My mother-in-law recently passed away.  Now that she’s gone, my husband’s aunts have really reached out to us, and have expressed more love and caring towards me than I’ve ever experienced in all the years my husband and I have been married.

While it feels nice to experience this, I also worry that my parents will get left out even more.  My husband’s family has never really included my parents/family as part of their family, and more and more it seems my husband’s family has gotten priority for visits, etc, due to my husband’s parents getting ill, etc. Since we live out of state from both sides of our families, and they live on opposite sides of the country, our vacations are often spent traveling to see one of our families.

My parents are not getting any younger, and have started having age-related health issues of their own as well.  I would like to see them and help them more.  My kids want to see them more too, but I am concerned that my husband’s family will try to see us even more now that my mother-in-law is gone.

My husband is understandably very upset about losing his mom. But I would like us to see my parents as much as we can while we still can. My parents don’t have a lot of family nearby, and most of my mom’s family is out of the country. I want to spend more time with them. I guess I’m feeling extra protective of them since my husband’s family doesn’t have any interest in having a relationship/connection to my parents/family. My question is, how do I ensure that my kids and I can at least spend more time with them, while not creating some conflict or competing dynamic in our family?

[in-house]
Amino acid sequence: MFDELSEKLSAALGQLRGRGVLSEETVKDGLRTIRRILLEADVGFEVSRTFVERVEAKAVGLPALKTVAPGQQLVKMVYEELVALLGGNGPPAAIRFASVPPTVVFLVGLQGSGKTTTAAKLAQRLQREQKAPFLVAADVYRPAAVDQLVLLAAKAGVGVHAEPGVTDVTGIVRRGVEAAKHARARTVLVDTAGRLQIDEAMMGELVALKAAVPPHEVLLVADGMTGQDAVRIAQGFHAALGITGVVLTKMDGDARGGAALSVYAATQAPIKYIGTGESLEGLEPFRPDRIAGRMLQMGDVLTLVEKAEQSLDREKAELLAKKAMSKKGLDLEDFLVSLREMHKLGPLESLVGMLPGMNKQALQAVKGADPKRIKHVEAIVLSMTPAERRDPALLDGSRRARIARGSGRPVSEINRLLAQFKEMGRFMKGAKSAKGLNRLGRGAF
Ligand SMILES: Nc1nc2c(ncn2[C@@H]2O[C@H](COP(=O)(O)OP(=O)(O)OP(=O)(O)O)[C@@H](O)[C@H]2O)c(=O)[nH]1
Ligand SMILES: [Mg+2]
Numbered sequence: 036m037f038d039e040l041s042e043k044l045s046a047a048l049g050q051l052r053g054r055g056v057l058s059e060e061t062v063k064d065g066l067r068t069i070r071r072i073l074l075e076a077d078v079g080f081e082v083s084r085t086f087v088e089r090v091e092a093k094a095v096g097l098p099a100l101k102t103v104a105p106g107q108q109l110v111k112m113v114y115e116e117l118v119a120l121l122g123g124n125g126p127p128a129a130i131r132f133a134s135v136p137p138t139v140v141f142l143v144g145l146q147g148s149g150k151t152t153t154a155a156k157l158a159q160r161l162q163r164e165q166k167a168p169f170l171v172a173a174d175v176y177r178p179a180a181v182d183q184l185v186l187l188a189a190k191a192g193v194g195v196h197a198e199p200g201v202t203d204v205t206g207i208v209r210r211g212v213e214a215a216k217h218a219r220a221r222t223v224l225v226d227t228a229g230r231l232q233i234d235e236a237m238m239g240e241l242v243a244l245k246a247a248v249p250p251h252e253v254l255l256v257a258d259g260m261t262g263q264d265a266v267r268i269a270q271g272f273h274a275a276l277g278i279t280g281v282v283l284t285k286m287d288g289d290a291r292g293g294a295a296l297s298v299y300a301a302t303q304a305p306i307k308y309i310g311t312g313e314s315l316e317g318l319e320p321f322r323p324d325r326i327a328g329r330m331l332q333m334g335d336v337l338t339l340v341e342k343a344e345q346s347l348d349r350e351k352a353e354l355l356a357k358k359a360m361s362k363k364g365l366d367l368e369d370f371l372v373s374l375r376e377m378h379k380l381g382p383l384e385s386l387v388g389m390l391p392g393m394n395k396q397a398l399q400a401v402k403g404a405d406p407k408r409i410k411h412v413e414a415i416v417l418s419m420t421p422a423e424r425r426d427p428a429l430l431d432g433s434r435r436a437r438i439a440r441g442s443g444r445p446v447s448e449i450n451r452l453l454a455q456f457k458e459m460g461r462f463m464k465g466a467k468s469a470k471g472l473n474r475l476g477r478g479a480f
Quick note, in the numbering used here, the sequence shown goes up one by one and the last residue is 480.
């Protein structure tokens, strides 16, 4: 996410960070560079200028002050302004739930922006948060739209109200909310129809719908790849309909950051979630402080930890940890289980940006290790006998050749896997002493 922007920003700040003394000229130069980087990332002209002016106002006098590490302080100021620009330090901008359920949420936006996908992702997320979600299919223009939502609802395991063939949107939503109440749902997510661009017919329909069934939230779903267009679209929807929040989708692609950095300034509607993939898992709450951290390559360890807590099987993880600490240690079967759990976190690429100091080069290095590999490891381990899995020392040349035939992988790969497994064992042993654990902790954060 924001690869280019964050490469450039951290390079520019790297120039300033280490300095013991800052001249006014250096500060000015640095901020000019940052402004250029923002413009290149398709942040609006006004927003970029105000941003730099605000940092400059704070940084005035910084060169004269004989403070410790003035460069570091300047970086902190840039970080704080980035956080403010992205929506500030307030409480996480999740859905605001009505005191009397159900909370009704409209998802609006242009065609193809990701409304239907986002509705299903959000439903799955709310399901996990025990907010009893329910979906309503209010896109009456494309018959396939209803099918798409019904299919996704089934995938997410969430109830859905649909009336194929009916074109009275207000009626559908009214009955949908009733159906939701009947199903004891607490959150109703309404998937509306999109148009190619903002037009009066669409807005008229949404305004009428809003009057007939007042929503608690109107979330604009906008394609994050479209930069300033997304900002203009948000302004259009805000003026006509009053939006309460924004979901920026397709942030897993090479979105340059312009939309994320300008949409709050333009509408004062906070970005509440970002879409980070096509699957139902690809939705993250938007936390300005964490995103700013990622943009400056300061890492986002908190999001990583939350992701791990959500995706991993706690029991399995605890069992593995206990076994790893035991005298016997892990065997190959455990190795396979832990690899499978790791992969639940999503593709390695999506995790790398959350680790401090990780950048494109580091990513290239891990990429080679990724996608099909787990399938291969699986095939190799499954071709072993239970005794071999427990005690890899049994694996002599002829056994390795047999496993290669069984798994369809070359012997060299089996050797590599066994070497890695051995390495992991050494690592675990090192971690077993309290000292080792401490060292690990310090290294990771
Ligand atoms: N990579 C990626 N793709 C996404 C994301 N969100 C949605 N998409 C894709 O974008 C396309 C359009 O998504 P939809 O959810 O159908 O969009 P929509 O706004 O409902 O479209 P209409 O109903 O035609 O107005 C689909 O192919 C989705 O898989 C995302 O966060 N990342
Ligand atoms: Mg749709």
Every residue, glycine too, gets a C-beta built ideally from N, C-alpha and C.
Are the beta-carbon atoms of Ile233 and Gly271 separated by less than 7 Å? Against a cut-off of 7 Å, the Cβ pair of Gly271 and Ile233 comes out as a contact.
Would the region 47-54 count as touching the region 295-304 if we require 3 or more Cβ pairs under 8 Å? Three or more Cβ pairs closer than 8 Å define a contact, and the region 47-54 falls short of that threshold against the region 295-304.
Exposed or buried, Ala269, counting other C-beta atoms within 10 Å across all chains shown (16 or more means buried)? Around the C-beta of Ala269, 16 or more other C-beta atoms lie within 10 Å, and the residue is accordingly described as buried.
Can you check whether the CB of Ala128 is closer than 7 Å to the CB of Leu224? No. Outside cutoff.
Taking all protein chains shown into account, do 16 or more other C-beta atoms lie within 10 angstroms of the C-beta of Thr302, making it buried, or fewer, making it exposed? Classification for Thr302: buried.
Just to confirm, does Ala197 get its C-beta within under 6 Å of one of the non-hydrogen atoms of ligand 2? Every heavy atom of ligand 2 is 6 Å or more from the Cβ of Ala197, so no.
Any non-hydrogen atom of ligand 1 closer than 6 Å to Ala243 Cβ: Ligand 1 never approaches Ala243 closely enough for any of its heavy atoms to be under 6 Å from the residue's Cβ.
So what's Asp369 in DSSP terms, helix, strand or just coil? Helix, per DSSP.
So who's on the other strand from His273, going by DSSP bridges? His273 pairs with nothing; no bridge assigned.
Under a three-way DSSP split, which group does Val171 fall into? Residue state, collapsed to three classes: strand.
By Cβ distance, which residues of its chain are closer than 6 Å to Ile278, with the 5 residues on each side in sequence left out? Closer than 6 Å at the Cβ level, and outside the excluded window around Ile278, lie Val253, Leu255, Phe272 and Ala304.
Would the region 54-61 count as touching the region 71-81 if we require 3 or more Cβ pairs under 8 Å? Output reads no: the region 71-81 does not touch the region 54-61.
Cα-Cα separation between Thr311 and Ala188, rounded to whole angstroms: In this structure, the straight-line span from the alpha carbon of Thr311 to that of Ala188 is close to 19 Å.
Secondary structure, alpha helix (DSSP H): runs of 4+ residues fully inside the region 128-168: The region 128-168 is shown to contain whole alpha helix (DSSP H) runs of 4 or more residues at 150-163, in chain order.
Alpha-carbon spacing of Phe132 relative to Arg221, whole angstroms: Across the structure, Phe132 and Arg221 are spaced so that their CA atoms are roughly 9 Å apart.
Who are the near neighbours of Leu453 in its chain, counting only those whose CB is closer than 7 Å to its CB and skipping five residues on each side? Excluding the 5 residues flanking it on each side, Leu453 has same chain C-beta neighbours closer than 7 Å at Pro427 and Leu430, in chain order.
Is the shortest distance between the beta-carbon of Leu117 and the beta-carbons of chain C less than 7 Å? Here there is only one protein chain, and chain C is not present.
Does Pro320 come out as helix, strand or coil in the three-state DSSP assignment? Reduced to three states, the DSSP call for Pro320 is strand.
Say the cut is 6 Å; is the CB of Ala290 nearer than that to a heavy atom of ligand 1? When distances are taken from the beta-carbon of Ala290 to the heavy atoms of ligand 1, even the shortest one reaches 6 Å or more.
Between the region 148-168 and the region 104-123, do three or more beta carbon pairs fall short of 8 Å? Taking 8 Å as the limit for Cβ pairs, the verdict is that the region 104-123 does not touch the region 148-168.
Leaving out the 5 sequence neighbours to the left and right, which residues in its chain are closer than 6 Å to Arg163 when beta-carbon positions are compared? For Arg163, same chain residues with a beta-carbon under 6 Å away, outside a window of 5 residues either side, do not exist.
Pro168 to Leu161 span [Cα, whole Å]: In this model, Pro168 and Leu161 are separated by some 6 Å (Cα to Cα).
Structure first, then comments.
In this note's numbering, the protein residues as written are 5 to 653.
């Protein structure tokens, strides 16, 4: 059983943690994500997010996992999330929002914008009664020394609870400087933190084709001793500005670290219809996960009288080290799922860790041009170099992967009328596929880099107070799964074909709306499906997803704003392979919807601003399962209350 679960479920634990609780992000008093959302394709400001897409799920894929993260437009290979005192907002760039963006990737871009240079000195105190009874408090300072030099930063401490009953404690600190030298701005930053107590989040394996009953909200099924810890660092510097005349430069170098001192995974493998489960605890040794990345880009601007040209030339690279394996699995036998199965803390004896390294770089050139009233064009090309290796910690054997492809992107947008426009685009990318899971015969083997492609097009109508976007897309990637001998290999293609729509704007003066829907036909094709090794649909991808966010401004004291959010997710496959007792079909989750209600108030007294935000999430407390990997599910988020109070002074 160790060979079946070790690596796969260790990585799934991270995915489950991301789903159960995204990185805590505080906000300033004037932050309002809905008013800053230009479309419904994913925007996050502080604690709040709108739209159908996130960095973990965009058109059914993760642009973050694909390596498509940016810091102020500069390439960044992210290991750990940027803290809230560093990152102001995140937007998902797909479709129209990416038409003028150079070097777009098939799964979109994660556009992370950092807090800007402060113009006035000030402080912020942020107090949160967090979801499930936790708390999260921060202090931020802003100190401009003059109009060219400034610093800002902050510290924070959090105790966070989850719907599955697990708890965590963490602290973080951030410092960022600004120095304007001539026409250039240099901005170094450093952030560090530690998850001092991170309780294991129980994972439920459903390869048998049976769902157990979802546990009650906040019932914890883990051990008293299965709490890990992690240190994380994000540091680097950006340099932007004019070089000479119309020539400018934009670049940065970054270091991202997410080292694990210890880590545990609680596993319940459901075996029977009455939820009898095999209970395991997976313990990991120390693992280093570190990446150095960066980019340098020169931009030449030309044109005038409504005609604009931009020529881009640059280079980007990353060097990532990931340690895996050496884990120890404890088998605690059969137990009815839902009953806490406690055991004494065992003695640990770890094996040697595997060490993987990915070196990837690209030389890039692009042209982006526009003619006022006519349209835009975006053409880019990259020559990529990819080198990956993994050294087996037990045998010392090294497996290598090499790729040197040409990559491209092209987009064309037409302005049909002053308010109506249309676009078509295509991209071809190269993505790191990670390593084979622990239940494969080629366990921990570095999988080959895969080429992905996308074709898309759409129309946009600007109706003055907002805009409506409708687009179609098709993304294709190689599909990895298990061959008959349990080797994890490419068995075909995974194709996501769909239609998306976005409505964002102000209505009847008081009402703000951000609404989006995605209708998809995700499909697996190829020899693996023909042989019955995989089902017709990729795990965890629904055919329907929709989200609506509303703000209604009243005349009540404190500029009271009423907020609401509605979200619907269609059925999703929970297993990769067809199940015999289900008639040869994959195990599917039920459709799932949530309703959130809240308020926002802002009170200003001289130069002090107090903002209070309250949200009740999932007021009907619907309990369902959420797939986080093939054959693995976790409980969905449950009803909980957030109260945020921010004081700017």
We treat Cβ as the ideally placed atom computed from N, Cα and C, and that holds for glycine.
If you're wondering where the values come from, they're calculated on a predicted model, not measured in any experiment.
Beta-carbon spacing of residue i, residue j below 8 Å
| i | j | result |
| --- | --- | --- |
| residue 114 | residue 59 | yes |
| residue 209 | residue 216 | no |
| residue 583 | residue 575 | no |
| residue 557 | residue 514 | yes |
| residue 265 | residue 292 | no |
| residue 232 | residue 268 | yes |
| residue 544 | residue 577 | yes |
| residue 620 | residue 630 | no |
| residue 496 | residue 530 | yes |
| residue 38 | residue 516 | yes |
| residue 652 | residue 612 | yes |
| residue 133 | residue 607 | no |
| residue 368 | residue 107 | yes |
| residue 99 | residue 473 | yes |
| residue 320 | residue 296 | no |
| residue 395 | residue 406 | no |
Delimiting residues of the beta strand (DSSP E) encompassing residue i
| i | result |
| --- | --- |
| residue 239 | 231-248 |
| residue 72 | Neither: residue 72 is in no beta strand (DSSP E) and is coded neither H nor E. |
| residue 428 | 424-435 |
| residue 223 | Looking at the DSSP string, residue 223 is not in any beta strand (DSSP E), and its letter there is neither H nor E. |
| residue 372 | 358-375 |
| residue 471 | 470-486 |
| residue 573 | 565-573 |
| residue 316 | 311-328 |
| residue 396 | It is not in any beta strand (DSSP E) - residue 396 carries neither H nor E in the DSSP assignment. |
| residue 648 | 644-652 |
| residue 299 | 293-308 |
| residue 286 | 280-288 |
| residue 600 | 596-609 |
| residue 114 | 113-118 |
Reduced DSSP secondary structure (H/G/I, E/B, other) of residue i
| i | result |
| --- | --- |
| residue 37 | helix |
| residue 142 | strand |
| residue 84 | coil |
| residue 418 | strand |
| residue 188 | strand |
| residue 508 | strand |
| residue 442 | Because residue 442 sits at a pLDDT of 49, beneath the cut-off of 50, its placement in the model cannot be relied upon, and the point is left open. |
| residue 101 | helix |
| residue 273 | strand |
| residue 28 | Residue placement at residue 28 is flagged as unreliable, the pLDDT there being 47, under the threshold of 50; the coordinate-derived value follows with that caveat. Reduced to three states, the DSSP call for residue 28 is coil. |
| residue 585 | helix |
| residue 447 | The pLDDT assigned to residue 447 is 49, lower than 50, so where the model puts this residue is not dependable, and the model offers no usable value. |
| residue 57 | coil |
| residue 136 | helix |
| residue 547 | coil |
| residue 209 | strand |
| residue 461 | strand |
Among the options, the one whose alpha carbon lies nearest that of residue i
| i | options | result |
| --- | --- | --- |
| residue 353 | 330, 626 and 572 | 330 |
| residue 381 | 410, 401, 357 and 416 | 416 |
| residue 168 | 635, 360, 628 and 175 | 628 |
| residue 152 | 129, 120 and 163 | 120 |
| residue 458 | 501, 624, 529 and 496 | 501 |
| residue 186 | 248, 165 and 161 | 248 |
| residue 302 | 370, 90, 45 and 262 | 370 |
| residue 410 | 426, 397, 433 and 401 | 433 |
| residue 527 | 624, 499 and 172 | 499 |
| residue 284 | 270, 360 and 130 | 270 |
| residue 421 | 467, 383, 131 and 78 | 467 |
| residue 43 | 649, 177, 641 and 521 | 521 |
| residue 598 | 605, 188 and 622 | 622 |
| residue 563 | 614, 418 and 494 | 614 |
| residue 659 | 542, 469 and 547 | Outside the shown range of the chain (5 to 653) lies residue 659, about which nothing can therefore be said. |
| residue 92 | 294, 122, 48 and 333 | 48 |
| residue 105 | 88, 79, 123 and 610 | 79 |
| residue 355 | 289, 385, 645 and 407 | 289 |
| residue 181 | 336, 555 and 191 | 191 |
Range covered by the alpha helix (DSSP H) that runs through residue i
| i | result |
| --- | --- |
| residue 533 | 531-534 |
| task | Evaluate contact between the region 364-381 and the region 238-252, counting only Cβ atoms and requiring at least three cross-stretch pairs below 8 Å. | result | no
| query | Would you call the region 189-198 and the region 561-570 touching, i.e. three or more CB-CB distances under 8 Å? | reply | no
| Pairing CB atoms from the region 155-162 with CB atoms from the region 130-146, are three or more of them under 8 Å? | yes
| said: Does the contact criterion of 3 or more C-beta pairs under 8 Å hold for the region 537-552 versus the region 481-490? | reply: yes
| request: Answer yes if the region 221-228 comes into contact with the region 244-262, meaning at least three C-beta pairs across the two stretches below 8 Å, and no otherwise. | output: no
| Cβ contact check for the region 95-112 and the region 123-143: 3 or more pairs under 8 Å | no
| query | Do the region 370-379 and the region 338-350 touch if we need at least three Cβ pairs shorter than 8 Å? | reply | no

–Concerned Daughter (England)


For you and your kids to spend more time with your parents, create a space to do so. If you want, also create a space for the whole family (your husband’s aunts and your parents and brother as well as your husband and kids) to bond and get closer as a family. Perhaps you could start by group emailing everyone in the family (your parents and brother, your kids if they are old enough, your husband, and your husband’s aunts) and sharing how much it means to you to have them in your life and to recently have been able to be able to better get to know your aunt-in-laws and to connect with them more deeply). You could also mention something (if this resonates for you) about the death of your mother-in-law making you realize how important family is and how important it is to enjoy quality time together with all of the family that you love. You might want to mention you’ve been thinking of a away to do this with the logistical difficulties of having family on both coasts. Then you could propose all of you getting together on an annual basis. (Of course, those who can afford it can still visit you on their own if your schedules allow.)

Since the two branches of your family live on each side of the coast, perhaps you could find somewhere in the middle of the country—maybe Kansas or Missouri or even Colorado or New Mexico. Costs for a family vacation are often more affordable than on the coasts and you can find places with family cabins or retreat cabins or a group of clustered yurts that would be affordable, fun, and also easy enough to navigate for older folk who may have more difficulty getting around.

Put it out there and see what happens. Even if not everyone wants to participate, do it for you and your immediate family and whomever else can join you. It might even be the beginning of a tradition you will continue with your family and their future partners and your future grandkids. Wishing for you your heart’s desire.

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